By Michael E. Miller
By Ryan Yousefi
By Kyle Munzenrieder
By Sabrina Rodriguez
By Michael E. Miller
By Carlos Suarez De Jesus
By Luther Campbell
By Kyle Munzenrieder
The Miami-Dade Police Department's Animal Services unit is getting a lot of attention lately, none of it good. On March 18, New Times published a story about a woman who was taken to the hospital with heart trouble. After the ambulance carted her away, someone called Animal Services, which confiscated her dog from her apartment. Her mixed-breed pet has since vanished and Animal Services cannot find it.
On March 30, WSVN-TV (Channel 7) aired a report involving a man whose two dogs were seized by Animal Services after they wandered off his property in the Redland area of South Miami-Dade. They were killed by the unit in less than 24 hours, even though the owner had called to say he'd pick them up.
On April 10, the Miami Herald reported that the county had hired the national Humane Society to review the unit's practices, including its euthanasia policies. This followed repeated complaints about conditions at Animal Services' NW 74th Street facility and allegations of animal cruelty. The same article noted that the State Attorney's Office was conducting a criminal investigation.
Obviously this is unwanted attention for the unit and the county police department, and especially for Cmdr. Frank Vecin, head of the department's intergovernmental bureau, which oversees Animal Services. What the Channel 7 report didn't mention is this: The man whose two dogs were quickly destroyed by Animal Services, Ray Barcelo, is Vecin's neighbor, although the two are far from neighborly. "Three times a month he files complaints against me," Vecin says. "I haven't talked to him in twelve years."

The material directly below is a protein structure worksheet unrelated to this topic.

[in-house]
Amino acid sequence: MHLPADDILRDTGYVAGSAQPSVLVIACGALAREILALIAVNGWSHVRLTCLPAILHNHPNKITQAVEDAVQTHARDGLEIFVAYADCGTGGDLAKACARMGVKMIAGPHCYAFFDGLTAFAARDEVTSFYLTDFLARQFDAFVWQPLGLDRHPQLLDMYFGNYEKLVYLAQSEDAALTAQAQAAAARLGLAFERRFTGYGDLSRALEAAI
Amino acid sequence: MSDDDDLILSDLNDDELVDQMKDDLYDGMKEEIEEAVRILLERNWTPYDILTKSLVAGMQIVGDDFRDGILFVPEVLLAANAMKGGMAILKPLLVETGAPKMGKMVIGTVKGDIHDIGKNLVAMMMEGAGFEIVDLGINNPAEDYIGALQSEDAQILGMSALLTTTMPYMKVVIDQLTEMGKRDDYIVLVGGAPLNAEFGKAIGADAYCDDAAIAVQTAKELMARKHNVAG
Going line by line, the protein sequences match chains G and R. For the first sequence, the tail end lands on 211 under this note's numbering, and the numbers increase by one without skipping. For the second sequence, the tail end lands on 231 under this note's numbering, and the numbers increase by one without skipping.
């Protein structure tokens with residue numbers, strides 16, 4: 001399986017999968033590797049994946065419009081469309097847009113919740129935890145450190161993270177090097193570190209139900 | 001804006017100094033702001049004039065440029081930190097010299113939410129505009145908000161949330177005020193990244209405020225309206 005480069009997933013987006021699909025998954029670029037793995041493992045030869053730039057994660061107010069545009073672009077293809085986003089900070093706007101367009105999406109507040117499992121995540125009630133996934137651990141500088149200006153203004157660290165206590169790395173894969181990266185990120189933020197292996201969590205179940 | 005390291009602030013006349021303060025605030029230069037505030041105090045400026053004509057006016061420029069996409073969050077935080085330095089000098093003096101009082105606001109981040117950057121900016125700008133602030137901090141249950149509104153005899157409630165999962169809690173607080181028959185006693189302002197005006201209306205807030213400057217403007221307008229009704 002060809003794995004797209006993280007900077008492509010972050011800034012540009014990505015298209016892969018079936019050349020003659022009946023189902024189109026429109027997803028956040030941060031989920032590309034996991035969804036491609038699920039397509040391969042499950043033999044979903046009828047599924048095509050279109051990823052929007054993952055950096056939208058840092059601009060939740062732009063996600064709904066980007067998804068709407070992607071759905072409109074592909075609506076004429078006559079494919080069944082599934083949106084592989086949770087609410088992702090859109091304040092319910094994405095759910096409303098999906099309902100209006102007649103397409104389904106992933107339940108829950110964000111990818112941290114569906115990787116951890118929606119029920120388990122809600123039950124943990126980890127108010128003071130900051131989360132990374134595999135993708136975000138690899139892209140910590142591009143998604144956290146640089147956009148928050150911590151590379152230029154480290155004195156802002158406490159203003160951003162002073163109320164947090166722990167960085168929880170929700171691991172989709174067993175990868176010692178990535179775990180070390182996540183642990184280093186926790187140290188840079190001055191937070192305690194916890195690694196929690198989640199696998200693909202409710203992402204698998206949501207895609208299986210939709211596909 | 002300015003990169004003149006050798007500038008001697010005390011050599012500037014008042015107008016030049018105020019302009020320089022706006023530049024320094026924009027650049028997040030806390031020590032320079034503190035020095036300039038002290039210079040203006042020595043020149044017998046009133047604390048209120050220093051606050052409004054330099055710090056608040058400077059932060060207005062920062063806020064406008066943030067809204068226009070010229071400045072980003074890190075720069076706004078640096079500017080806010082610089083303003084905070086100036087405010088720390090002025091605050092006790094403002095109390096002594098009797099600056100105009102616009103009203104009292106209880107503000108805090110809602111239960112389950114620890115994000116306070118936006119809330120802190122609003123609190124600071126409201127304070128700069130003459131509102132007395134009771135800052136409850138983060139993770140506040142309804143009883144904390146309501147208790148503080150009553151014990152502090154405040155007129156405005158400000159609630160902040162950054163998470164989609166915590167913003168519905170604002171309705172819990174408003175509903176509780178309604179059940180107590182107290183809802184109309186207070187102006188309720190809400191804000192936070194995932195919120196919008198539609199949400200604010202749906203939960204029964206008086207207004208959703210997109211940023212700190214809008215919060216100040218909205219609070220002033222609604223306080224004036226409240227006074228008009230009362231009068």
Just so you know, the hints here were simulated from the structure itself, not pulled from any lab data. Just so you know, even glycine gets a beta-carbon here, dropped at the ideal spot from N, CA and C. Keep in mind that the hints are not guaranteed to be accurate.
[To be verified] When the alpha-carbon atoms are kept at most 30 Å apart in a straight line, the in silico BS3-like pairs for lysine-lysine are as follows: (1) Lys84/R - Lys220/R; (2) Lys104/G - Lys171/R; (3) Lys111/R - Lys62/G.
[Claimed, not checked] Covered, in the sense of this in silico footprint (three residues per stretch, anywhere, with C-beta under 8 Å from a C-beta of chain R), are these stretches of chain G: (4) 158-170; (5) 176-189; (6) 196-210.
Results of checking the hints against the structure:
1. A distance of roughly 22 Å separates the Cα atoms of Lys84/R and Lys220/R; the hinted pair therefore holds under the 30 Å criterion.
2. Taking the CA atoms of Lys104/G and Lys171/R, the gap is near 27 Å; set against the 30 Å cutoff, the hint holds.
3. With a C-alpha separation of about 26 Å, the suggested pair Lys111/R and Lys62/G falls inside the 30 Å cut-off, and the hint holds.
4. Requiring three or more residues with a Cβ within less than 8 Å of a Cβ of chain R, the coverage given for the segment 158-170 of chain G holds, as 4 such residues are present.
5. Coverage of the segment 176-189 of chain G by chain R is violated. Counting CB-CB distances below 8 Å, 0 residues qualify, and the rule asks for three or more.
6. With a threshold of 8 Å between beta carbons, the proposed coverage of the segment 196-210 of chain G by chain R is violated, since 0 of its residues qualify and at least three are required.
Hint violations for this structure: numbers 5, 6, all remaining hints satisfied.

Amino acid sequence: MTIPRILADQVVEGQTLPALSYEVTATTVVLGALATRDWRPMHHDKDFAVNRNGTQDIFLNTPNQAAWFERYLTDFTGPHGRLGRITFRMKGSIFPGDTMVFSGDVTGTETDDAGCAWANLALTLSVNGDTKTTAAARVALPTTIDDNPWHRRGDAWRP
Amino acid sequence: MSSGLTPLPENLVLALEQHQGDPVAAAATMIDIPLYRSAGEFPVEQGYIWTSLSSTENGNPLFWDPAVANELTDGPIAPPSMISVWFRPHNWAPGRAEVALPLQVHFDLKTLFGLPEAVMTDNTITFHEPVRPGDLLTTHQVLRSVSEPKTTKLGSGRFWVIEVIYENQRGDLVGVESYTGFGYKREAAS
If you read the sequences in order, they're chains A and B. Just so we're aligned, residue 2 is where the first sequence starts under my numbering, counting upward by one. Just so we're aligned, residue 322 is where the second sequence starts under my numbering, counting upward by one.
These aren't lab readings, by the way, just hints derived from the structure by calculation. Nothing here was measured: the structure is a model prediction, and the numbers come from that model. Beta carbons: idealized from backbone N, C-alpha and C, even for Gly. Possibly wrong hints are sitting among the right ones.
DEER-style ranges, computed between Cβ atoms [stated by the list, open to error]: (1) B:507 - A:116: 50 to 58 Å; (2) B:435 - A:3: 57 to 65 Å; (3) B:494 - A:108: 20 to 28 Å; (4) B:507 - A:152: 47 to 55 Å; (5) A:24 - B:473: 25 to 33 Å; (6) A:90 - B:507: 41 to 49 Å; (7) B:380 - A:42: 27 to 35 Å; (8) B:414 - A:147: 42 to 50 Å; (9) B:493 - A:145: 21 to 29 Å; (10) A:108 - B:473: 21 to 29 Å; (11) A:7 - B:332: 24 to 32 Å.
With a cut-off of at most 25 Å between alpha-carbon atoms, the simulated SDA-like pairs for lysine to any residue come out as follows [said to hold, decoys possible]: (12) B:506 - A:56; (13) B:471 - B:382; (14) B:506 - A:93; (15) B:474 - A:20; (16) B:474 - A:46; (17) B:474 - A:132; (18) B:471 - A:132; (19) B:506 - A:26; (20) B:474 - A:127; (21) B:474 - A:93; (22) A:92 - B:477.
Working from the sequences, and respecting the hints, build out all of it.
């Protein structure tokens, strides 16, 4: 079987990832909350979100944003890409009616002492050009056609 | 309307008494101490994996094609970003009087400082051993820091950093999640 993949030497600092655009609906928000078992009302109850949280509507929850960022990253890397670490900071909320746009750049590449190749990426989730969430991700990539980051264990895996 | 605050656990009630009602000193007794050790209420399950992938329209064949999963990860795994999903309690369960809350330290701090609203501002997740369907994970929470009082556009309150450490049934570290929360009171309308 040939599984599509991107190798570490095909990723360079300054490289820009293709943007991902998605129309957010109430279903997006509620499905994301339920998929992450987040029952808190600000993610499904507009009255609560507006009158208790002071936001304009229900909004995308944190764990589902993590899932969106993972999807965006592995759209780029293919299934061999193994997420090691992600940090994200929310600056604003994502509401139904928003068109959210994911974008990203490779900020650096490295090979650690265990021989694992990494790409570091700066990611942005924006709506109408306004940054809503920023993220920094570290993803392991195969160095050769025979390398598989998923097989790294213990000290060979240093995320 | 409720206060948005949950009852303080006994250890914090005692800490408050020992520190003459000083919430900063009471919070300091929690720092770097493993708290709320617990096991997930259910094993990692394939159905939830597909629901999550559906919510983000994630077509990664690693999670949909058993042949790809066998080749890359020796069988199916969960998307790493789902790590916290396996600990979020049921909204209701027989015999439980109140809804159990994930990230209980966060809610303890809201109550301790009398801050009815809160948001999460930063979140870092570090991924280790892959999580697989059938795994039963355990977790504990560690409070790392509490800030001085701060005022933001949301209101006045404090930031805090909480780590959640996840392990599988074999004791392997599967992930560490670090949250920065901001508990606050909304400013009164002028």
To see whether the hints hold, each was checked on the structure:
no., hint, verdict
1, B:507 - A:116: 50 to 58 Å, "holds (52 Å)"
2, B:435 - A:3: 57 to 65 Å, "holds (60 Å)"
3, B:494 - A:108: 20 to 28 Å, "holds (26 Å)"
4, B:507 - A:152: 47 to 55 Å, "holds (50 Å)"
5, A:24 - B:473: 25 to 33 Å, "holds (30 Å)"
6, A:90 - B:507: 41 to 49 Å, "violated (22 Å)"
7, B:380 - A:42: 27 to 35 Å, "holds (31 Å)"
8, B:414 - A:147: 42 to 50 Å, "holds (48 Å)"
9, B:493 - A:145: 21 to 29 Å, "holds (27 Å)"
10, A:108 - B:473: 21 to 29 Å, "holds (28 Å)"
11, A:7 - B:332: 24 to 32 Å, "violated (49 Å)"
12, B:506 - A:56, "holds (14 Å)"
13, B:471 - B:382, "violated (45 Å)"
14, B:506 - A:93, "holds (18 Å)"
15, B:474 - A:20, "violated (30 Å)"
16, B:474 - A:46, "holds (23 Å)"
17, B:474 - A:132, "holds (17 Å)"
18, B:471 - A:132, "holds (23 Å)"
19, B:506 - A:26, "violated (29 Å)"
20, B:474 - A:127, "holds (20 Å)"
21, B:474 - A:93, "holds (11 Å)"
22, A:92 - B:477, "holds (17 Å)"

Among other things, Barcelo has complained to police about a bull Vecin once owned. It allegedly stomped across their shared property line and crushed a number of young trees. Meanwhile Vecin's son complained to police when Barcelo and he got into an argument. "He and my son don't get along," Vecin says. "He blames my son for everything."
So it's understandable that tongues wagged after Barcelo's dogs were killed. Did Vecin put out a contract on the mutts? "Absolutely not, I would never do that," the cop says. "I stay away from getting involved with anything involving the neighbors."
When I called him, Barcelo was reluctant to comment because he has filed a complaint with the police department's professional compliance bureau against Vecin. He did allow that he filed a complaint because he thinks Vecin is behind the death of his dogs. He also confirmed the chronology of events and reaffirmed what he said in the Channel 7 report.
Ill will between Barcelo and Vecin notwithstanding, things came to a head at 2:05 p.m. on February 18; animal-control officer Robert Nekoranec picked up Barcelo's two mixed-breed dogs after they reportedly had strayed off his property. Nekoranec, who also lives in the Redland, says he had seen the dogs a few days earlier while he was off duty and riding an all-terrain vehicle. The animals were "attacking" two girls. He rescued the girls, gave them a ride home, and vowed to search for the dogs when he was back on duty.